- Running and climbing when it would be inappropriate to do so. This is usually viewed as excessive as well as inappropriate. In older children/teens/adults, this can present at extreme feelings of restlessness.
- Struggles to do anything quietly.
- Always on the move, unable to sit still.
- Talks constantly and/or excessively.
- Blurting out answers without waiting to be asked.
- Struggles to wait for their turn.
- Interrupts conversations.
- Intrudes on others – for example, taking over when playing a game.
For a child to be diagnosed with ADHD, they have to exhibit at least six symptoms, and those symptoms must affect their level of functioning and quality of life. For children, functioning is usually related to how well they’re able to manage school life. Some of the symptoms have additional requirements, such as being observed both at school and at home and being present before the age of 12, in order for a diagnosis to be made.
There are recognized differences in the way ADHD presents, as well as its prevalence, in boys and girls. There tend to be more boys diagnosed with ADHD than there are girls (American Psychiatric Association, 2013). Quinn and Madhoo (2014) reviewed various articles on ADHD and demonstrated that girls are more likely to be diagnosed with inattentive ADHD than hyperactive-impulsive ADHD.
Because of this, and because people are more familiar with the hyperactive-impulsive type, there are probably girls who have symptoms of inattentive ADHD but are not properly diagnosed.
For example, a teacher would recognize ADHD in a boy who can’t stay in his seat and is annoying his classmates because these symptoms are more obvious. The girl who sits near the window daydreaming is less likely to be thought of as having ADHD because these symptoms aren’t obvious.
Quinn and Madhoo (2014) also suggest that girls might have a better set of coping skills when it comes to their ADHD symptoms. Coping skills can mask the fact that the child has ADHD, meaning they’re not going to get the support that they need.
It is quite common for children diagnosed with ADHD to also have other disorders, such as mood disorders, anxiety disorders and various other types of behavioral disorders (e.g. Oppositional Defiant Disorder).
When children have two or more comorbid disorders, symptoms can overlap, and this can make diagnosing ADHD ever more difficult. It is best for children suspected of having ADHD to have a thorough evaluation completed by an experienced clinician. This ensures that an accurate diagnosis can be made, and appropriate treatment given.
An example of how overlapping disorders might muddy the diagnostic waters might be a child who constantly worries (anxiety disorder) and struggles to concentrate in class because of their anxiety. The clinician has the difficult task, then, of deciding whether the problems with concentration are due to ADHD, anxiety, or a combination of both.
Similarly, a child with a processing disorder (auditory or visual) or learning disability might struggle to keep up with school work and suffer from anxiety and self-doubt. The child might seem to have symptoms of ADHD because they’re struggling and seem to have difficulty focusing (due to anxiety and self-doubt).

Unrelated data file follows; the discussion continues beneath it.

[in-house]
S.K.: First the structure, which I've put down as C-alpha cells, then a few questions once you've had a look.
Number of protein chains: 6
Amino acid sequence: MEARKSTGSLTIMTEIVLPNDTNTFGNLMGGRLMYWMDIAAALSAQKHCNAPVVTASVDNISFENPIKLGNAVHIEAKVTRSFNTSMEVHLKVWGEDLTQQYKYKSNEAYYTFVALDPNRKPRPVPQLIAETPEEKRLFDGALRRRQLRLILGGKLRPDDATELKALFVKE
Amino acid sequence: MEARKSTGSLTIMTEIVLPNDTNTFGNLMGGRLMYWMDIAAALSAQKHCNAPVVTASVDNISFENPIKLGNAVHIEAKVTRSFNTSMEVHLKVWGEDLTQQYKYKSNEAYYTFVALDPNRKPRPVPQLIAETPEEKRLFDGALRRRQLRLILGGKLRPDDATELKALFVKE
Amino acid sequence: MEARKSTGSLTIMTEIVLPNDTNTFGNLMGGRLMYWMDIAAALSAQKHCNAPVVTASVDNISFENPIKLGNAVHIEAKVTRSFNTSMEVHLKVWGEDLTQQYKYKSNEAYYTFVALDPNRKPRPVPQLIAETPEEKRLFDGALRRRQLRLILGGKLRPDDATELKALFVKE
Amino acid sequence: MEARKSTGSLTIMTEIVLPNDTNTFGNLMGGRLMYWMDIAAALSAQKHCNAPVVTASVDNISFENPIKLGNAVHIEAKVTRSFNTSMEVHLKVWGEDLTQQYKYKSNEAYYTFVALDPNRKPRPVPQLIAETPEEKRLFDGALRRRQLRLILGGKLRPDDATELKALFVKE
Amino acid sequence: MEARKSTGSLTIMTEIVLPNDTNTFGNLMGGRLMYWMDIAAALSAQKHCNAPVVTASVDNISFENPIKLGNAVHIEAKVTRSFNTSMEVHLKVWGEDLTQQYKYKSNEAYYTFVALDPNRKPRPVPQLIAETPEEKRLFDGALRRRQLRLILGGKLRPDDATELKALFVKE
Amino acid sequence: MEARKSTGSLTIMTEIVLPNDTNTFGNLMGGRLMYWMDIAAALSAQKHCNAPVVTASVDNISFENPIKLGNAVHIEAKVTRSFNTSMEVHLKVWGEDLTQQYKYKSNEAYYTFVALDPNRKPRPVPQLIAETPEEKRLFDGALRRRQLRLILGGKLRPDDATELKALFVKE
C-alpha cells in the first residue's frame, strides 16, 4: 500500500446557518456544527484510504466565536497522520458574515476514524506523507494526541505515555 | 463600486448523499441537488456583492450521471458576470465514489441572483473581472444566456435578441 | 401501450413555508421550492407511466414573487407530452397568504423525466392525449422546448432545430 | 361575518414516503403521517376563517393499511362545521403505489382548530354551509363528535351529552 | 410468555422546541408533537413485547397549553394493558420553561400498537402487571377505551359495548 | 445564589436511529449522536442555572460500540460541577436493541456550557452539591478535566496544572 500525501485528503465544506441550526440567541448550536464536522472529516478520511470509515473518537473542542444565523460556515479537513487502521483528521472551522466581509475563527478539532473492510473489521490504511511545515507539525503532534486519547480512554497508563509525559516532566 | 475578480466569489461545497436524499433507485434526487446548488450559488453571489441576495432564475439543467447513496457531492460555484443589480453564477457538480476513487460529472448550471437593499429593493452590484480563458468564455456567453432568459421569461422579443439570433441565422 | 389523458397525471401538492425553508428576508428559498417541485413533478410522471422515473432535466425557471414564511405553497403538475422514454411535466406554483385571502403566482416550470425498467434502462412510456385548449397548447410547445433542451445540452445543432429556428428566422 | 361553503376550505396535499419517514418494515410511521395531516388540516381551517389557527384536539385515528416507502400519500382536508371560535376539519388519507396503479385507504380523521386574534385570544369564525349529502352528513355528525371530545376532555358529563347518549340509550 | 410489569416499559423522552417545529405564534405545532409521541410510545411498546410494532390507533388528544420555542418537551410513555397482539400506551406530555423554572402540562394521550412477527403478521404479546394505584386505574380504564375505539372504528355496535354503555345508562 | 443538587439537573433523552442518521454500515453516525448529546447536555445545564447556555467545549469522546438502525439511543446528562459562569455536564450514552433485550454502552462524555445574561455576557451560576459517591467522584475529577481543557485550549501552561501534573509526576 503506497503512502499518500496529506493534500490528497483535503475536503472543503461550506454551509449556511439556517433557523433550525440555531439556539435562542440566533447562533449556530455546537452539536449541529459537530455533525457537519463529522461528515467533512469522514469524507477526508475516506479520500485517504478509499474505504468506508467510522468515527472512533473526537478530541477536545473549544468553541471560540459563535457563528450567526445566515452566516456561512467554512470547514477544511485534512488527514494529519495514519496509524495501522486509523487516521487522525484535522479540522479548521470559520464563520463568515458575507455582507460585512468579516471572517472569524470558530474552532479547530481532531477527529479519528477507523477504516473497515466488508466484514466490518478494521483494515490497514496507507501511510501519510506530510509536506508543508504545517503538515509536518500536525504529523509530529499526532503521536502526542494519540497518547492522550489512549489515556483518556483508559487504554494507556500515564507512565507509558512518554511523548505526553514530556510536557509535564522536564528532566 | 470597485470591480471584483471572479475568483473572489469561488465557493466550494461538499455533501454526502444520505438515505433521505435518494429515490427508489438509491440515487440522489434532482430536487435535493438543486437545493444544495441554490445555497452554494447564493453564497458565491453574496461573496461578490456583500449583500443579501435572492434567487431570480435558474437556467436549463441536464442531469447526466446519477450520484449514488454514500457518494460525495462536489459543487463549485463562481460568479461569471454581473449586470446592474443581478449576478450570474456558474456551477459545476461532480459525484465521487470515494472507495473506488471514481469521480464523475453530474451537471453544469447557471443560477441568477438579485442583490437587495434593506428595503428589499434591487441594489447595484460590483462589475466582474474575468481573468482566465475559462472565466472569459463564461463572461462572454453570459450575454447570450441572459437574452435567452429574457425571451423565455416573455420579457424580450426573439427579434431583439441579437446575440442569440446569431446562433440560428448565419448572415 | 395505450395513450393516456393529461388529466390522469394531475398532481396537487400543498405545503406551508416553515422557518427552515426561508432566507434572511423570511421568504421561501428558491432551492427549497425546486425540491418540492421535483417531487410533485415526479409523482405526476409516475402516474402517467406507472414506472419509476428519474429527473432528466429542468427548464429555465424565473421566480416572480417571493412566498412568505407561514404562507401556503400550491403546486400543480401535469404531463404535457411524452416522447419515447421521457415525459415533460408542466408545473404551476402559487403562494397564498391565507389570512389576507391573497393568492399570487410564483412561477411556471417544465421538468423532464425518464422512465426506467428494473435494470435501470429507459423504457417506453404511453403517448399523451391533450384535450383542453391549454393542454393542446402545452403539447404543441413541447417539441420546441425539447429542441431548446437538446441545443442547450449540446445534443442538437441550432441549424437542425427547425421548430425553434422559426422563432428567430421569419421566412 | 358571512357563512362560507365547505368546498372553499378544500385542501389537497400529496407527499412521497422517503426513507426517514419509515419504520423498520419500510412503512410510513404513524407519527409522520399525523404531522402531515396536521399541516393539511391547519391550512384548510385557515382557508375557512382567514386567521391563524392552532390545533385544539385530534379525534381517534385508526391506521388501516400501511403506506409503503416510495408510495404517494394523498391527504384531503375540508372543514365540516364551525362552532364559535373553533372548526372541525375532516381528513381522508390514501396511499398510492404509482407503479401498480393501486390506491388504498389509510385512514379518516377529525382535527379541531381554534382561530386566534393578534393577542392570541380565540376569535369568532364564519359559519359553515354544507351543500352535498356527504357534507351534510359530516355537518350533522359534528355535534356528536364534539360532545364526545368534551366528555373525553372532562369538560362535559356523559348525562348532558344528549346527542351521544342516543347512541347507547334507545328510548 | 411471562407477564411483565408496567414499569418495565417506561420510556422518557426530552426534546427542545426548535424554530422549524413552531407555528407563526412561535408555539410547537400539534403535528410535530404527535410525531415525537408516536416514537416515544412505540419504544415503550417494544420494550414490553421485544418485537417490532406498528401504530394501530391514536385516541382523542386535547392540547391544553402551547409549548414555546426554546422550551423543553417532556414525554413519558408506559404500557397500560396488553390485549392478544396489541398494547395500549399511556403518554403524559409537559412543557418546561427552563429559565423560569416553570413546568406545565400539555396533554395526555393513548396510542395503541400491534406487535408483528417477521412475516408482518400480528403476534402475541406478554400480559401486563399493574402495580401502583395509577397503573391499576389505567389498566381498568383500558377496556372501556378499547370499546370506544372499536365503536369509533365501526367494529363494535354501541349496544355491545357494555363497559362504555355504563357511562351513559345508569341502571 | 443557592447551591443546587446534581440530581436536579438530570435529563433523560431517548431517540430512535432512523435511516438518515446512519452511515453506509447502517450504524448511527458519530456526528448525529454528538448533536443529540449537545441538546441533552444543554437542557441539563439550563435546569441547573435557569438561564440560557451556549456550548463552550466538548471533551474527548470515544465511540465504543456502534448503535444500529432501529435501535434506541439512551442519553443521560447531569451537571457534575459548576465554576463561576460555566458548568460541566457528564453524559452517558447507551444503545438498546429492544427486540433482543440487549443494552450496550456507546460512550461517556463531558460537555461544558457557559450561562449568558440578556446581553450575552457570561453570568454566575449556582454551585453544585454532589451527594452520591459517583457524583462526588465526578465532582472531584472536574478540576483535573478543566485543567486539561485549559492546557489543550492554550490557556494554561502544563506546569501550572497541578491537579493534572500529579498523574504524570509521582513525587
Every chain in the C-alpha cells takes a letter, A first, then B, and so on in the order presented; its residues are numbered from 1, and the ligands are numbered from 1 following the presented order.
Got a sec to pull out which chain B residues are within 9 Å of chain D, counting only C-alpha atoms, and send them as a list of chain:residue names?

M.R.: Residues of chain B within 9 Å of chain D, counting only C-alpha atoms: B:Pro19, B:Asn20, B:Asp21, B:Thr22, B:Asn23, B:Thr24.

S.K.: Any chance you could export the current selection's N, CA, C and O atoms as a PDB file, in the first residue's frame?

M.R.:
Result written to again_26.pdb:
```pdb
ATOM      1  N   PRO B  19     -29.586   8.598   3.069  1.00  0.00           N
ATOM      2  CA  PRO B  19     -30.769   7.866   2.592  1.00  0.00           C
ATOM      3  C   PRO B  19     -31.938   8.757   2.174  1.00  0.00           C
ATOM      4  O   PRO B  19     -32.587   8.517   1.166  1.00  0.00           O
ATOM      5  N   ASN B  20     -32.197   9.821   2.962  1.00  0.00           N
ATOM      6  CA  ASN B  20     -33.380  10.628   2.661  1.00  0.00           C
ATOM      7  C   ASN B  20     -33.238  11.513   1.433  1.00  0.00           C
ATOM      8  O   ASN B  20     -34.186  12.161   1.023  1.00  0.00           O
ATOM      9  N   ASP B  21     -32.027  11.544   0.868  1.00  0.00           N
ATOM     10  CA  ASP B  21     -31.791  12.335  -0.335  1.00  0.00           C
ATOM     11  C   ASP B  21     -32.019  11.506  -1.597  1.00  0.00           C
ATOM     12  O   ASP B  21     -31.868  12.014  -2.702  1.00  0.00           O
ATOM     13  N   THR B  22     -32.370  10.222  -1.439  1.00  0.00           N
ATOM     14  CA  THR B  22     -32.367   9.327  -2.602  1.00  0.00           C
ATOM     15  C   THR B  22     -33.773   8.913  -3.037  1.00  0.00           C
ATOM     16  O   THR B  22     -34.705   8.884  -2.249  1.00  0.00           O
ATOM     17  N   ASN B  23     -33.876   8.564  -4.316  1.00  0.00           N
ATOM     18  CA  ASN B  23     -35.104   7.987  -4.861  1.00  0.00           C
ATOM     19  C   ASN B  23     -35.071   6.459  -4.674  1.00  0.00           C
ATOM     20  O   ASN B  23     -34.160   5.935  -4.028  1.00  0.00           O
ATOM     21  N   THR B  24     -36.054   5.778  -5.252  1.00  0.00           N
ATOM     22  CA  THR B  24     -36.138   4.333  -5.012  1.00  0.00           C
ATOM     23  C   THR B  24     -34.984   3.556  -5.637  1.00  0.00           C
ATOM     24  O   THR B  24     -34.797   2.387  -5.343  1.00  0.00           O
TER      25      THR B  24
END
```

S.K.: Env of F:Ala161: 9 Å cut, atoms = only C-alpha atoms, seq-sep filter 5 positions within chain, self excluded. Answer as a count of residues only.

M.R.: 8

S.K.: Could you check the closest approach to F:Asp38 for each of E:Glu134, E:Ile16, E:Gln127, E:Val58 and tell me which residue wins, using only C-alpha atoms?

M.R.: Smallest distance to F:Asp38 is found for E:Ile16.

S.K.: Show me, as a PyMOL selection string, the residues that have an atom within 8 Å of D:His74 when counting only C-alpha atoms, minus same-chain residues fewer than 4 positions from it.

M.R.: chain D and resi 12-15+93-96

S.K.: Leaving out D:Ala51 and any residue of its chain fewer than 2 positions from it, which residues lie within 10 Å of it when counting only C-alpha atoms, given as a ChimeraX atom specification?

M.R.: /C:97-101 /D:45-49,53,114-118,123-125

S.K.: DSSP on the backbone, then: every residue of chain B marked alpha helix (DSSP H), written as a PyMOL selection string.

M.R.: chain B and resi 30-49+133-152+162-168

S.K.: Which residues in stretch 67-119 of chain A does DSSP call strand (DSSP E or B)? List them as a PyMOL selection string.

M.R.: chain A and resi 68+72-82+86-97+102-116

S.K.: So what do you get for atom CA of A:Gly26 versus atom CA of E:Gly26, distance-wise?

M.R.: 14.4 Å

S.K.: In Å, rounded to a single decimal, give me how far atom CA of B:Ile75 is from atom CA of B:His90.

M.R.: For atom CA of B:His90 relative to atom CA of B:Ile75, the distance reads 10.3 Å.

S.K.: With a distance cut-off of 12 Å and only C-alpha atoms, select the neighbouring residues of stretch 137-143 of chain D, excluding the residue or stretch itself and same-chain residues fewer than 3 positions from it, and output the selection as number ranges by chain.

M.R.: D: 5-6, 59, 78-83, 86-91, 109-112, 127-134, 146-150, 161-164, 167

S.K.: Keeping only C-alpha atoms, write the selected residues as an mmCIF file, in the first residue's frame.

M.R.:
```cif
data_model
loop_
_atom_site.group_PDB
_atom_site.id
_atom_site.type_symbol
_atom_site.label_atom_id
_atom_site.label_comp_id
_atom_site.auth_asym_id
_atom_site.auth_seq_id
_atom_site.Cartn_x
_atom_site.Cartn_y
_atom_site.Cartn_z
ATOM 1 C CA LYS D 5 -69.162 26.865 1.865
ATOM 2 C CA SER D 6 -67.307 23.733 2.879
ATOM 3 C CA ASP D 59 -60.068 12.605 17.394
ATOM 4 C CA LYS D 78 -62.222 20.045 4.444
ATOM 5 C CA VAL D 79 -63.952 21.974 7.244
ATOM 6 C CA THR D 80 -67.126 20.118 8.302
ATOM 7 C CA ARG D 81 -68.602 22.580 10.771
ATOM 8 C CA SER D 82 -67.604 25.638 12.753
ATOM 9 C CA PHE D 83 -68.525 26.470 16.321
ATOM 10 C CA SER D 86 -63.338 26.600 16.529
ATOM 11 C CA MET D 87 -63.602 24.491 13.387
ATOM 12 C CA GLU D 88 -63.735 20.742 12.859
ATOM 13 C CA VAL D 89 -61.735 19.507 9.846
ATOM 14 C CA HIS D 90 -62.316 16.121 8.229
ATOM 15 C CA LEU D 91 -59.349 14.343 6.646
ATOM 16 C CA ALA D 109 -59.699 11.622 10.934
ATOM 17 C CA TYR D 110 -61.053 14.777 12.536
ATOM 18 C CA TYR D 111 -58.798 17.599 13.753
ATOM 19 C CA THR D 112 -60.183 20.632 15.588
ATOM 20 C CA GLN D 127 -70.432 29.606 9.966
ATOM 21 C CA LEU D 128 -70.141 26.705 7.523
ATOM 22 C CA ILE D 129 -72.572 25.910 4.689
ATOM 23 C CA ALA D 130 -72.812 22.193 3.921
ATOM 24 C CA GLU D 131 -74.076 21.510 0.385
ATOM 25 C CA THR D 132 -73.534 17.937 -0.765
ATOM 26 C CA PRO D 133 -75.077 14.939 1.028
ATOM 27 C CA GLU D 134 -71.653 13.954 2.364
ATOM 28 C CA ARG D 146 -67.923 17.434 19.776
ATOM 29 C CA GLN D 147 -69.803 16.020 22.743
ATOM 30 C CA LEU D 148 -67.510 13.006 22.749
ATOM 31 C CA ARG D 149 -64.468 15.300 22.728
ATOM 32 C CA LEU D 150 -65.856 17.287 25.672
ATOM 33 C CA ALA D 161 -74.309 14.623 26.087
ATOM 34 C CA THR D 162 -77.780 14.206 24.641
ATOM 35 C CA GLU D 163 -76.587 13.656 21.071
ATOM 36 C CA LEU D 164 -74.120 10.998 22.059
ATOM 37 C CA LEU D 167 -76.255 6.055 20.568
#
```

These are just a couple of ways in which ADHD can overlap with various other conditions. They demonstrate why it’s so important for the child to have a thorough assessment with a professional skilled in making these difficult diagnoses.
Evaluation for ADHD in Children
Because of the complexity of diagnosing ADHD in children, an evaluation will usually consist of a range of components. These can include behavioral checklists that the parents and/or guardians, teacher, and child (age dependent, of course) must complete. Another component that is frequently used is a continuous performance task (such as IVA-2, TOVA). This is computer-administered and measures the child’s level of ADHD symptoms.
Standardized tests can be utilized as part of the assessment process, such as sections of intelligence tests. As part of the evaluation, the clinician will also use screening measures for other disorders – for example, depression and/or anxiety. The tests that the clinician will use depend on the symptoms your child is exhibiting. In some cases, it may be necessary, for example, to rule out a processing disorder or learning disability.
A skilled clinician will usually want to rule out any medical contributors to your child’s symptoms. Therefore, the ADHD evaluation will likely also include a medical evaluation, hearing and vision tests.
The complexity of the ADHD evaluation means that it’s not a quick process that can be completed in a short visit to the clinician’s office. It is, however, essential that the evaluation be completed properly in order to make an accurate diagnosis.
Treatment for ADHD in Children
Left untreated, ADHD can have a considerable negative effect on your child. Untreated ADHD in children often results in:
- Academic struggles
- Low self-esteem
- Difficulty in making friends and other social problems